Originally Posted by Andrew Smith View Post
I must say that the image stabilisation internal to my V1 (normal mode) has done a fantastic job
I see the V1 uses a CMOS sensor -did you not have any rolling shutter problems with the vibration?

I know that some CMOS cameras can have a real problem with high vibration situations -there's an example here : YouTube - CMOS vs 3CCD Heavy Vibration Test

Hopefully Sony have a faster sensor scan speed than Canon - it would be nice to know that you can use CMOS sensor cameras successfully in this kind of situation, especially with CCD cameras becomong increasingly hard to find!
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Old December 20th, 2009, 07:12 AM   #6
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This is all very interesting. Really valuing the feedback thus far.

FWIW, for "log level" you feel the jolts in your own legs, let alone the camera. Tend to visually notice it most when you are zoomed in on something.

I'm wondering if I need to somehow invent the tripod equivalent of the shock-mount that is used in a microphone blimp. After all, I have a spare set of rubber rings (thanks to the generosity of those Rode guys) and that will be enough to cater for two legs. Might be able to politely ask them for more rings for the final leg.

Then it would be just a matter of some items to string the rings between - a base and a leg holder / pivot thing.

With the blimp you get a set of different sized mic holder things with a hook already attached for the rings. Those holder things are pretty much round-ish, and should do the job for having something to mount the tripod leg into.

Just got to have a base. This could be the hard part.

Any further suggestions?

Andrew
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Old December 20th, 2009, 07:16 AM   #7
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Hi Roger,

Only just noticed your post.

So far no jello-vision on the V1, with the possible exception of the really big "log level" thumps. But even a CCD would have a hickup with that sort of thing, I suspect.

From memory, I had the shutter running at 25fps and shooting 1080 progressive (PAL).

I'll have to register a second Vimeo account (for technical testing footage purposes) and upload some of the footage.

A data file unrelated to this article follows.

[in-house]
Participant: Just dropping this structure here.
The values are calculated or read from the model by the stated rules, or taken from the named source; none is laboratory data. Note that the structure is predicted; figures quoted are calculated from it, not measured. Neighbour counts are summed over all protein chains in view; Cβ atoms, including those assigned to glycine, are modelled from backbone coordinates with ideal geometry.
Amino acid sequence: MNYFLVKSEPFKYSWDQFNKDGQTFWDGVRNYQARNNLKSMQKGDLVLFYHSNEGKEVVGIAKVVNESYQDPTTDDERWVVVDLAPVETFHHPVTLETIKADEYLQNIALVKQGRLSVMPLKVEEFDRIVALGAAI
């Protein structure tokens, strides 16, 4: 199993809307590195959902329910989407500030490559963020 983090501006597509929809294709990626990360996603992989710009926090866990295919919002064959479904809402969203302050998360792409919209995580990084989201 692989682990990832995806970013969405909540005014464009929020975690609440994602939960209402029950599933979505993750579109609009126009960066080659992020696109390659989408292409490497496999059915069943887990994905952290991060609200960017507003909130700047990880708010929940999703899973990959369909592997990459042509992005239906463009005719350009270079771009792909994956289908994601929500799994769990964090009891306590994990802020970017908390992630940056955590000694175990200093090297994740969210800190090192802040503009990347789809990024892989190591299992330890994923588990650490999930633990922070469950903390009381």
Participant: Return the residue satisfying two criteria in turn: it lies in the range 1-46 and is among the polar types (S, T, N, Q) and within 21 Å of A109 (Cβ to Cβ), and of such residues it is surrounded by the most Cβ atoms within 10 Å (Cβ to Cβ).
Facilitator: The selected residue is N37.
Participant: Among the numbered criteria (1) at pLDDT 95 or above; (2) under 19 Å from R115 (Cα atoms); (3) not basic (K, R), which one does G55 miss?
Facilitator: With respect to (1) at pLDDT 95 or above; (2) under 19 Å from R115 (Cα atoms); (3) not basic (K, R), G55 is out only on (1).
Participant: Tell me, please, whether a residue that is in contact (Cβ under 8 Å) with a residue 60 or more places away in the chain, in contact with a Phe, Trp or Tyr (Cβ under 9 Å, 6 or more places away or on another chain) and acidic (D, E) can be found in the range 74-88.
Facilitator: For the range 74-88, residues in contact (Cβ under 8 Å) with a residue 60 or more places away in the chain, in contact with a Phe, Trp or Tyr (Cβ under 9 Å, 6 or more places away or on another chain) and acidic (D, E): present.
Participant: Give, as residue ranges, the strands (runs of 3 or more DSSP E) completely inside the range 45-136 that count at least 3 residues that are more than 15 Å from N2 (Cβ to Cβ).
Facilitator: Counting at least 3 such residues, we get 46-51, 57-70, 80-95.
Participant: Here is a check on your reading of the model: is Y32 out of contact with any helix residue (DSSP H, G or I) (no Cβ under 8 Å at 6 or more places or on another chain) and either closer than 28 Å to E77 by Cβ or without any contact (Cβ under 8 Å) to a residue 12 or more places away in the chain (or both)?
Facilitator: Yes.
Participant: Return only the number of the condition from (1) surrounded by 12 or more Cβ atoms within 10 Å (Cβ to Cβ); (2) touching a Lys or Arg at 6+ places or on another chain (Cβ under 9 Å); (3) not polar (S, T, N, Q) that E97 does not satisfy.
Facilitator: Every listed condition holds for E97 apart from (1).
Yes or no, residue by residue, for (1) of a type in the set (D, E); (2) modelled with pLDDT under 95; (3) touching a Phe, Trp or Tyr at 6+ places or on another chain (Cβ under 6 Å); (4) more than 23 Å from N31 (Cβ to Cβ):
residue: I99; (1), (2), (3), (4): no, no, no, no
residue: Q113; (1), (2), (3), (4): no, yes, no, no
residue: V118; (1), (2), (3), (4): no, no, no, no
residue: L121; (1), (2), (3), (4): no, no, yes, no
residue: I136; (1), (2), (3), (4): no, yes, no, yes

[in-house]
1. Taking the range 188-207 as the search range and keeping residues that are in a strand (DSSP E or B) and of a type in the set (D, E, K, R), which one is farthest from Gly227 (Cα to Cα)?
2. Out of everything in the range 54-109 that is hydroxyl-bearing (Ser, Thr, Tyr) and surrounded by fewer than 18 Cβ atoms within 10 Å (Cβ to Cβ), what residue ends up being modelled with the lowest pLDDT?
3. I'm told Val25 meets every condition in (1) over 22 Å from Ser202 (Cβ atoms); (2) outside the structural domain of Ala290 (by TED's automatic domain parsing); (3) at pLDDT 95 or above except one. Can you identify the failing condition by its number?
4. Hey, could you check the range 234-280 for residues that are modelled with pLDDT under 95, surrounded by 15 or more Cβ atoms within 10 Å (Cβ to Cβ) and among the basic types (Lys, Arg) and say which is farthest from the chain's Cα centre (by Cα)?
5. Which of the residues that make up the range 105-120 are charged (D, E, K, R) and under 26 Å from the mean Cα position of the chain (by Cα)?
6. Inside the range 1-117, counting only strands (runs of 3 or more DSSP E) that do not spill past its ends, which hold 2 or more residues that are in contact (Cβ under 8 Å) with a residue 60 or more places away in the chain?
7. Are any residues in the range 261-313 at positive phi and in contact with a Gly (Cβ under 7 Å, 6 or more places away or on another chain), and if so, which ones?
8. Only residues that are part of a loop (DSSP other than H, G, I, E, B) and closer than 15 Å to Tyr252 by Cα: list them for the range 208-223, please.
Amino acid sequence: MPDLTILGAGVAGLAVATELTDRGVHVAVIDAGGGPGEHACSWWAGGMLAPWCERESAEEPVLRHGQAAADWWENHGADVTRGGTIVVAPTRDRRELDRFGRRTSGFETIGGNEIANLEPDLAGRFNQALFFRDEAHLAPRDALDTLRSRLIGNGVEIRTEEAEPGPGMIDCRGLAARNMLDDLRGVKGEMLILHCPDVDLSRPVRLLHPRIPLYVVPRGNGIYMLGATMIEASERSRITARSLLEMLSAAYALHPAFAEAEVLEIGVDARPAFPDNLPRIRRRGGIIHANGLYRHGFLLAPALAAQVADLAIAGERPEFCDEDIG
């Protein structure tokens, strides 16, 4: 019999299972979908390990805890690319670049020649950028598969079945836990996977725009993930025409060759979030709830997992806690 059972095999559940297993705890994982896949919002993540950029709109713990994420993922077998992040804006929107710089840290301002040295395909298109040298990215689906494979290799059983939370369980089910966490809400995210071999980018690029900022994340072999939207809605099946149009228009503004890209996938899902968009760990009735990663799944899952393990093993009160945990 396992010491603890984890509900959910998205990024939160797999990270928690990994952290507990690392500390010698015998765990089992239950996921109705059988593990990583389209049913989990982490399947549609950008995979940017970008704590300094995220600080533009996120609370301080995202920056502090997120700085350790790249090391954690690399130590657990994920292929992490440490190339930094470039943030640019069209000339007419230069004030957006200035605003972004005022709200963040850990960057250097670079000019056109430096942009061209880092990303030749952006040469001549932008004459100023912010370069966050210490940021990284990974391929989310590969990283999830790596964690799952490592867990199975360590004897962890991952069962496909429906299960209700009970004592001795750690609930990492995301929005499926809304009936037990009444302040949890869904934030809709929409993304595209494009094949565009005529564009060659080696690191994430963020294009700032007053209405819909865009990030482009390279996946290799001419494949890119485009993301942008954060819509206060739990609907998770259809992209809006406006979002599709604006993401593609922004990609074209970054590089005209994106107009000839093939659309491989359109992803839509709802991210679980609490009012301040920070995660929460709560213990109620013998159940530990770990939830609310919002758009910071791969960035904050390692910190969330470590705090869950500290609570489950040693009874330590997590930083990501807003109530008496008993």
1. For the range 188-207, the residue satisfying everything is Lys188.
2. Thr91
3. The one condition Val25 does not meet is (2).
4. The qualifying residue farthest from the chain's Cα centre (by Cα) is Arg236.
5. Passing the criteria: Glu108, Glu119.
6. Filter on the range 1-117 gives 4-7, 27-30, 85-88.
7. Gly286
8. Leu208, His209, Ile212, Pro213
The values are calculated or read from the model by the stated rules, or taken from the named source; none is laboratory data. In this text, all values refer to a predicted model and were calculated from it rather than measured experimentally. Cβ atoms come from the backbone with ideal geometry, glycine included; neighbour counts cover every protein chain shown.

Andrew
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Old December 21st, 2009, 01:28 AM   #8
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Quote:
Originally Posted by Ken Hull View Post
Serious amateur astronomers are concerned about vibration of their high-powered telescopes. Both Celestron and Meade make vibration-suppression pads to put under your tripod legs.

Celestron:
Celestron | Vibration Suppression Pads | 93503 | B&H Photo Video

Meade:
Meade | Vibration Isolation Pads | 07368 | B&H Photo Video

I think they're mostly for higher frequency vibration, but might work for "log level" bumps.

Ken
I went upstairs to the shop that sells telescopes today and they had a set of the Meade Vibration Isolation Pads. The isolation material is fairly rigid and would seem it'd work best with a heavy load on it. They're rated for something like a 50Kg load.

I've had some success putting a sand bag under each leg of the tripod to stop a shaky floor ruining shots.
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Old December 21st, 2009, 01:34 AM   #9
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Actually, I did have some thoughts of mini bean-bags under the tripod legs. It's a matter of what will absorb the right vibration frequency (and be able to handle the amplitude of the movement).

It's all very interesting.

Andrew
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Old December 22nd, 2009, 01:21 PM   #10
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Andrew,
We are having a similar problem when zoomed in, but, our units are ceiling mounted, and when the HVAC is going, get a bag.....

still working on this too.
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Old December 22nd, 2009, 05:51 PM   #11
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Quote: